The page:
Every once in a while a reader commends me on how brave I must be to share my creations with the world. I appreciate the compliment (I assume it’s a compliment), but it always puzzles me a little. Why would anyone create anything– especially something as time-consuming and demanding as a novel– if they did not intend to broadcast it to as much of the world at large as possible? As a writer and artist, the one thing that motivates me throughout the occasionally arduous, desperate, and/or blindingly frustrating process of creation is the stubborn belief that someday (and oh God let it be soon) I will be done and my magnum opus will be unleashed upon the world.
But that’s the funny part. Whenever that moment does come– that moment of finally opening my hands and letting the world see what I’ve made– I have a sudden sinking moment of recollection, a chill of horror, and I remember that this is, in fact, the hardest and most stressful part of all. What if they hate it? What if I’m wrong and it stinks? What if all those months of effort were wasted on an artistic delusion of grandeur?
That’s how it was with the release of Dream:scape, my first game endeavor, which debuted as a featured app on iTunes this past Thursday. I am finally able to talk about it. It’s been… er… fun?
More on that in a minute. I need to work up to it.
When Thursday came, I suddenly remembered when I released my first book. It was the first in the James Potter series, the Hall of Elders’ Crossing, and I was terrified. It was released as a free download, one chapter a day, throughout the month of December a few years ago. The story had gotten a remarkable degree of pre-hype (due, in no small part, to press reports that the hosting website was secretly run by Warner Brothers, or even J. K. Rowling herself). When the date of the first chapter release came, literally tens of thousands of people downloaded it. Clearly, I was terrified.
And then the first several reviews began to come in. And they were all bad. They hated the story. They hated me. They demanded I stop, lamented that I had ruined the world of Harry Potter, and even threatened me a little. I wanted to die. Fortunately, those first reviews turned out to be an anomaly. As time went by, the JP series developed a shockingly large (and unflaggingly loyal) following of very supportive readers worldwide.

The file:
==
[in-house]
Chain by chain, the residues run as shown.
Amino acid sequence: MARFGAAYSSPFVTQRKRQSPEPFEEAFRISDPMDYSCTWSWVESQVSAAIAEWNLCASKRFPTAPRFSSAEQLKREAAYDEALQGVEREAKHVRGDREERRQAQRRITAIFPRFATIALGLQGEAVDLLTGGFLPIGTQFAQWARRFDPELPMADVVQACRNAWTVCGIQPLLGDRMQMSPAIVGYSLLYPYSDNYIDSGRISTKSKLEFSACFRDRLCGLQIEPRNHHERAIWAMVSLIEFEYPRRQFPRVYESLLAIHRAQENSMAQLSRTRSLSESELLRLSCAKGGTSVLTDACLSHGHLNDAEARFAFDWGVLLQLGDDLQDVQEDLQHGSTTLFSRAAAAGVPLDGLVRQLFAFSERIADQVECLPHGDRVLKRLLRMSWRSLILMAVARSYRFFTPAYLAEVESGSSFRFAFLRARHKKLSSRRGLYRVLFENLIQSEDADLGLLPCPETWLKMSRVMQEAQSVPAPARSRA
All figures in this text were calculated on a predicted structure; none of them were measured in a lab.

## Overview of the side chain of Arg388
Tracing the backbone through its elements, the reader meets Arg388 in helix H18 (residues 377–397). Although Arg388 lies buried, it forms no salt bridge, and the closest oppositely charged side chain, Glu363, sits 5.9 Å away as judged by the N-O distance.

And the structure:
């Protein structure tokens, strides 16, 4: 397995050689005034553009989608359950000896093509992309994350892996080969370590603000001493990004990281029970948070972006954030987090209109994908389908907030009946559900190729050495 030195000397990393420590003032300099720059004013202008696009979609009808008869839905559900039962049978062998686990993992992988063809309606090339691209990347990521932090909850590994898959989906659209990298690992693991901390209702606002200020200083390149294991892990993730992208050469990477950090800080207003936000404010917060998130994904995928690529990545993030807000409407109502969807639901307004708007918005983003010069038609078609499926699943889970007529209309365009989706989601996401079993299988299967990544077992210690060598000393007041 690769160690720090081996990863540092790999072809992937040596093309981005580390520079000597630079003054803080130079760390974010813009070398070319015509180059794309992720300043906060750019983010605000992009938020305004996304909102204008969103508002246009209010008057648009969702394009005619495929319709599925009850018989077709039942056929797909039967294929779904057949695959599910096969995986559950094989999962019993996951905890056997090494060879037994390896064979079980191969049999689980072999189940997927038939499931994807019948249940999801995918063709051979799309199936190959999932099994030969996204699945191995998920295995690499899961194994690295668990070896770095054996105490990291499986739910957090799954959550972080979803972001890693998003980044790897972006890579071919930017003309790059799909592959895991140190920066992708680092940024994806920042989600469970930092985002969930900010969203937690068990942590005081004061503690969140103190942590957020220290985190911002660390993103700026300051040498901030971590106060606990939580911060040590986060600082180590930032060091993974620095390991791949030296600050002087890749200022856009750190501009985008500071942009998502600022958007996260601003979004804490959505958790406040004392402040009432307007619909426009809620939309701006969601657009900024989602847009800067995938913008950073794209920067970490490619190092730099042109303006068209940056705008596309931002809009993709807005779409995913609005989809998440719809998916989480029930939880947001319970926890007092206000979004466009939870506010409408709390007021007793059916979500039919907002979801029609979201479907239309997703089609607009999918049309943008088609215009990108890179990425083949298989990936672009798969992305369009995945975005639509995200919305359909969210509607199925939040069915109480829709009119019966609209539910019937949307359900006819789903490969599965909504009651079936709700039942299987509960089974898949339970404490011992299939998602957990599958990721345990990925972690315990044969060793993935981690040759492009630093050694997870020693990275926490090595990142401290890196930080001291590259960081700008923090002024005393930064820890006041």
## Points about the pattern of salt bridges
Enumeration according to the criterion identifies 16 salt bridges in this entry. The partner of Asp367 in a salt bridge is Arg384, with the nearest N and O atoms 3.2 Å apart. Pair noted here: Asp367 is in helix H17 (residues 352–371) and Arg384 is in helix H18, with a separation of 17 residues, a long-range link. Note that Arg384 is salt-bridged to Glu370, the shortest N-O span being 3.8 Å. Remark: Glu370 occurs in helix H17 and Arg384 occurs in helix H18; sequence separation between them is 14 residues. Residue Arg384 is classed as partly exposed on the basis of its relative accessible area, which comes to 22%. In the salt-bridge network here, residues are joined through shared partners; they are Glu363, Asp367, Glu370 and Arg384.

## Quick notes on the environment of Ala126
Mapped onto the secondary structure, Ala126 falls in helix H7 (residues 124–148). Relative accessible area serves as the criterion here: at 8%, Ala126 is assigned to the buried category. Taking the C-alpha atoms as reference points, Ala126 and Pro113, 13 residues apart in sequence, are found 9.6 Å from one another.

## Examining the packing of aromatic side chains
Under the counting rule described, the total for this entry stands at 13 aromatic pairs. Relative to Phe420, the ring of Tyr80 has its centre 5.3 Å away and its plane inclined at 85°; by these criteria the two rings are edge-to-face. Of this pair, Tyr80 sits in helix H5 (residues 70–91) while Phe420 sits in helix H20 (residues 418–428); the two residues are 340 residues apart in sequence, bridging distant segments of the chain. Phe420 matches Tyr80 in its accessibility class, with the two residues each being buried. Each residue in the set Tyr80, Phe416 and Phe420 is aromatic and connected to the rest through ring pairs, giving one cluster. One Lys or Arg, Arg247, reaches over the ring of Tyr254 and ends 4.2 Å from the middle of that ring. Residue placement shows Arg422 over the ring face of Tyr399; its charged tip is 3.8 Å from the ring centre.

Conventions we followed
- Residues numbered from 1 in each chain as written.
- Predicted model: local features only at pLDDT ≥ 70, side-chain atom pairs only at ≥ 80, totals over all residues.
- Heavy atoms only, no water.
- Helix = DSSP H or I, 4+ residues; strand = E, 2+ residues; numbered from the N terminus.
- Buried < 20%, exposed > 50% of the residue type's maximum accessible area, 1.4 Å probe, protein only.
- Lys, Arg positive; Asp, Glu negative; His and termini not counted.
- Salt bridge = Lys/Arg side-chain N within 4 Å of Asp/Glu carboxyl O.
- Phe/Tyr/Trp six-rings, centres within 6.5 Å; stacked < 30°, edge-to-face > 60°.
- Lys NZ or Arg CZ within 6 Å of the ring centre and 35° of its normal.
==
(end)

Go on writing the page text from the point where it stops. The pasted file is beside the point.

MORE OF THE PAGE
The funny thing is, I almost immediately forgot about those first agonizing hours of uncertainty when the JP story launched. If I had recalled how awful that was, I probably wouldn’t have ever dared to try it again. It’s a lot like childbirth that way, I suppose.
So I’ve released more than a few stories since then, and I suppose I have toughened up a little bit about it. I am a little more confident of myself in terms of my writing.
So WHY then (I ask myself) did I decide once again to find something I have never done before and give that a huge go, very publicly and with massive worldwide attention?
I am obviously a glutton for punishment.
I started tinkering with the idea of making an iPhone game in mi- January. I’d never made a game before, although as a digital artist and writer I felt reasonably (and probably foolishly) confident that I could pull it off, given enough time. Never mind that the one book I breezed through on the topic warned, in the first chapter, that NO ONE can make a video game on their own. I skipped that bit.
Slowly, a game environment began to take shape. A story followed. Before I knew what was happening, all the pieces were coming together. One friend helped me write the plot, another patiently recorded most of the lines of dialogue, a third wrote and performed the amazing musical score. It happened so easily! I should have been suspicious. And I was.
I finished the game. It ran beautifully on my iPhone 4. I never tested it on anything else. It never occurred to me that this might be a problem. (This is the part where you, the reader, can legitimately feel smugly confident that you would never make such a ridiculous error. Congratulations, smart-ass.)